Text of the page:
John Field

Portrait of John Field

John Field was an Irish pianist, composer, and teacher widely thought to be the inventor of the nocturne. He was born on 26th July 1782 in Dublin, Ireland and died on 26th July 1837 in Moscow, Russia aged 54.

Major Works

Although he wrote other works such as 7 Piano Concerti he is chiefly remembered for inventing the Nocturne of which he wrote eighteen altogether and was thus an influence on Frederic Chopin.

Biography Timeline

John Field was born on 26th July 1782 in Dublin, Ireland. His father, Robert Field, played the violin in Dublin theatres for a living. John’s grandfather (also called John) was an organist and taught him how to play the piano. He later studied under the Italian composer Tommaso Giordani. 

1792: He makes his debut on 24th March in Dublin aged only nine.

1793: Some scholar’s think that the Field family moves to Bath in Somerset for a short while but this is disputed. Later in the year it is clear that they have settled in London. He studies with the Italian composer Muzio Clementi whom he helps as a demonstrator to sell pianos. He continues giving public performances and becomes well known in the city with both the press and audiences.

1795: Joseph Haydn praises his performance of a piano concerto by Jan Ladislav Dussek. He studies the violin with J. P. Solomon. His first published compositions are issued by Clementi.

1799: He premieres the Piano Concerto No. 1 on 7th February in London aged 16.

1801: His first official opus work is a set of three piano sonatas dedicated to Clementi. 

1802: He visits Paris, Germany and Austria with Clementi during the summer. In Vienna he takes a short course in counterpoint with Johann Georg Albrechtsberger and then plays for Ludwig van Beethoven in October. They journey on to overwinter in St Petersburg, Russia.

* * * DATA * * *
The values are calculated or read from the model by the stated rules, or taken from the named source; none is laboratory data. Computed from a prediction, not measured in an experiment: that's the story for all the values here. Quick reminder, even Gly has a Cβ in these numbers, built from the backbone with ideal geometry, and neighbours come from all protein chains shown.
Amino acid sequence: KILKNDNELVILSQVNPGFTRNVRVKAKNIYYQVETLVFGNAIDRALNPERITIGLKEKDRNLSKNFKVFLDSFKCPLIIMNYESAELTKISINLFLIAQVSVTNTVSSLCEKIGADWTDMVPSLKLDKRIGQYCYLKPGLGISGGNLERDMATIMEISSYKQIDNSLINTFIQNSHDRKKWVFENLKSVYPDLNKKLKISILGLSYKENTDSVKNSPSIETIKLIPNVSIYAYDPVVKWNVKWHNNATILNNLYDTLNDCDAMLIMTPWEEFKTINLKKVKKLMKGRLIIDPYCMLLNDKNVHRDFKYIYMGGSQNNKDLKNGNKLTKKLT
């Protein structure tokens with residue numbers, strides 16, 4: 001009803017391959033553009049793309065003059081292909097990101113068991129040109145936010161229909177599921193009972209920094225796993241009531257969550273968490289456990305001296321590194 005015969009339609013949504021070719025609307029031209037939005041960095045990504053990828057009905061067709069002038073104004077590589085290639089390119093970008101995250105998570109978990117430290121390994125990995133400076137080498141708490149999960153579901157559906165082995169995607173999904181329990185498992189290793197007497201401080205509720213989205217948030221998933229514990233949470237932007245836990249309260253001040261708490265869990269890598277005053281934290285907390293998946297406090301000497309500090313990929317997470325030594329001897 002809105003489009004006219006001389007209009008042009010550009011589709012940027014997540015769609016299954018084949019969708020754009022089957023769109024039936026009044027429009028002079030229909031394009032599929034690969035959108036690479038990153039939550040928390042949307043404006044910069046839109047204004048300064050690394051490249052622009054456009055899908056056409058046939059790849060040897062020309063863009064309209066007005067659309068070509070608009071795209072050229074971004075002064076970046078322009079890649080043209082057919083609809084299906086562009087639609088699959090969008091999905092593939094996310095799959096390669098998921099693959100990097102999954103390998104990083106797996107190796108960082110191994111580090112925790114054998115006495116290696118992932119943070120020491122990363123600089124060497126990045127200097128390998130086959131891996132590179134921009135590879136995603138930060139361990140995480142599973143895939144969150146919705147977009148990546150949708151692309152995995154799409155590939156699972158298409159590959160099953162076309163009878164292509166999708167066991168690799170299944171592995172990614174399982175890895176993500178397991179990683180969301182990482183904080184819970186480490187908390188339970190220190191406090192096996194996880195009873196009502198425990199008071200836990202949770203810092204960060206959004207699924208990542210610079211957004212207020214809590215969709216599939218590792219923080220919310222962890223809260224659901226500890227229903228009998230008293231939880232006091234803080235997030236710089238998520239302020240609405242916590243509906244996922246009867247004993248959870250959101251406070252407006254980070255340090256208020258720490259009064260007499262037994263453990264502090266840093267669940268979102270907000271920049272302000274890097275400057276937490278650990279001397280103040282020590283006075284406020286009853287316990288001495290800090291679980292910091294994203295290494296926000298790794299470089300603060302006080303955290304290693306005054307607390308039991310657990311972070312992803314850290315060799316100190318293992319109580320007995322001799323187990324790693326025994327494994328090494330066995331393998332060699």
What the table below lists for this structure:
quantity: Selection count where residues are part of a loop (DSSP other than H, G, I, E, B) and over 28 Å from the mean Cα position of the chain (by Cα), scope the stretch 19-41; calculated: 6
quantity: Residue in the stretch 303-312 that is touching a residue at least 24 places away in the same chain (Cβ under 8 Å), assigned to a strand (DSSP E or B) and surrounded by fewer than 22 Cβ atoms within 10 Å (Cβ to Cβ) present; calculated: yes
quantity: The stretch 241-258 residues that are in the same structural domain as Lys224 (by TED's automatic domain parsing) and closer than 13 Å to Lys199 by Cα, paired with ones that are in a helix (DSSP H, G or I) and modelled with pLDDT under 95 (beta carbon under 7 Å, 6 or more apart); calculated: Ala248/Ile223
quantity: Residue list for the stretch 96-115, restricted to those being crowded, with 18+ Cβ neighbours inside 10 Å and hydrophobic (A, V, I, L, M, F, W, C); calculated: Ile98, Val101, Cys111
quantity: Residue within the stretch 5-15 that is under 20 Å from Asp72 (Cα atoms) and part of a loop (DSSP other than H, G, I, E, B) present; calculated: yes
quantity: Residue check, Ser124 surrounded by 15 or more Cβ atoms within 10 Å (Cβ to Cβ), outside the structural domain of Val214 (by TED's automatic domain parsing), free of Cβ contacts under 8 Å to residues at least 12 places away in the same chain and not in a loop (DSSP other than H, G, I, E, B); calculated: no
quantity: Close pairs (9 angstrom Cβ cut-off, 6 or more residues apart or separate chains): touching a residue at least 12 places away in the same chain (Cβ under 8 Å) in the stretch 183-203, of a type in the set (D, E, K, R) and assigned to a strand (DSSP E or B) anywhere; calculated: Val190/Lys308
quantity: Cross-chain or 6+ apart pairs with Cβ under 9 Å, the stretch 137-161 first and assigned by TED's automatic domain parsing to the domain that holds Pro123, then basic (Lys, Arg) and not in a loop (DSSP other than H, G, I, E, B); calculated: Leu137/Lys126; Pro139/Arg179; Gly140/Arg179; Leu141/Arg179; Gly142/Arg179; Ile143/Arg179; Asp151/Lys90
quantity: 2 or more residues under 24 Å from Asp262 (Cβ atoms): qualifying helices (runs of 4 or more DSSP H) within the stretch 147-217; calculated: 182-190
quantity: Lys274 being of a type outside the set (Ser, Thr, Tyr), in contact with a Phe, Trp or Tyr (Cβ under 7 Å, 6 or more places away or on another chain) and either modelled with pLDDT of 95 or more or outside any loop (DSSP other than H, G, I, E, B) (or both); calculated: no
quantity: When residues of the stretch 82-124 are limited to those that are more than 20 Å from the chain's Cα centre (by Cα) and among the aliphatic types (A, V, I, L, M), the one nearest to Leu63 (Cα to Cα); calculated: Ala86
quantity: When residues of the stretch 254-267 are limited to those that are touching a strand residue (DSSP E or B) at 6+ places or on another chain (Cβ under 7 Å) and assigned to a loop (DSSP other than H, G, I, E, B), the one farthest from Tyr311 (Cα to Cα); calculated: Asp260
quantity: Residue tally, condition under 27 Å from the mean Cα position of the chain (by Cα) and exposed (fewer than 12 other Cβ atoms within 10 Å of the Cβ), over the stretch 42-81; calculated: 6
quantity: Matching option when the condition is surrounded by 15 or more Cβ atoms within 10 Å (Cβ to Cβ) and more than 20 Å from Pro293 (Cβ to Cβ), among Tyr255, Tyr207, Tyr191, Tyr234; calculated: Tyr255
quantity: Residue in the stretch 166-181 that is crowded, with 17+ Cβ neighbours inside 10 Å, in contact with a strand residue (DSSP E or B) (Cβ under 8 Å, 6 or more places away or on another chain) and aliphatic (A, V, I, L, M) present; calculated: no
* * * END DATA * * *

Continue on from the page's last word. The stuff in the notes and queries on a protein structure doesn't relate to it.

1803: Clementi leaves Russia in June leaving his pupil to work as a teacher in Narva, modern Estonia. He gives concerts during the year and performs at the new Saint Petersburg Philharmonic Society.

1805: He tours the Baltic states and stays in Saint Petersburg during the summer. 

1806: He gives his first concert in Moscow and Clementi arranges for the publication of some of Field’s older works in Russia.

1807: He goes to live permanently in Moscow in April. He develops his own style particulary in the sensitive use of the piano pedal.

1808: He begins publishing newly composed music beginning with piano variations on Russian folksongs for four hands entitled “Air Russe Varié” and “Kamarinskaya” for piano.

1810: He marries Adelaide Percheron, a French pianist, who was one of his former pupils. 

1811: He returns to St Petersburg where he will spend the next ten years. He publishes many works with the Russian publisher H. J. Dalmas and the European Breitkopf and Hartel. He gives lessons to the young composer Mikhail Glinka.

1812: He composes the first of his eighteen nocturnes which are influential to later Romantic composers such as Frederic Chopin and Franz Liszt who both admire the form. He composes the Sonata in B major.

1814: His first three nocturnes are published.

1815: He fathers an illegitimate son called Leon Charpentier but remains with his wife.

1817: He publishes Nocturnes 4 and 5.

1818: He visits Moscow on business with the publisher Wenzel.

1819: He and his wife have a son called Adrien. He refuses the position of Court Pianist as he is now wealthy in his own right and becoming known for his extravagant lifestyle.

1821: He gives a series of concerts in Moscow with his wife which are their last performances together. His Adelaide then leaves to start a solo career, which however is not successful.

1822: He meets Johann Nepomuk Hummel and he helps perform the latter’s Sonata for 4-Hands, His health is now beginning to deteriorate.

1823: His concert appearances start decreasing from now on and later in the decade it becomes clear that he is suffering from rectal cancer. 

1831: He goes to London to seek medical attention and arrives in September. After an operation he gives concerts in London and Manchester. He meets Felix Mendelssohn during his stay.

1832: He performs his E flat piano concerto at a Philharmonic Society concert in London. In March his former teacher Clementi dies and he acts as a pallbearer at his funeral in Evesham, Worcestershire. He performs his 7th Piano Concerto in Paris on Christmas Day.

1834: After travelling around European cities giving concerts he is admitted to hospital in Naples, Italy where he spends nine months. His Russian patrons finally rescue him and he stays with Carl Czerny in Vienna and gives recitals there before returning to Moscow with his son Adrien.

1836: He gives his last concert in March.

John Field died on 23rd January 1837 of pneumonia in Moscow, Russia. He was buried in Vvedenskoye Catholic and Protestant Cemetery in the city. 

Further Information

Complete list of works by Field.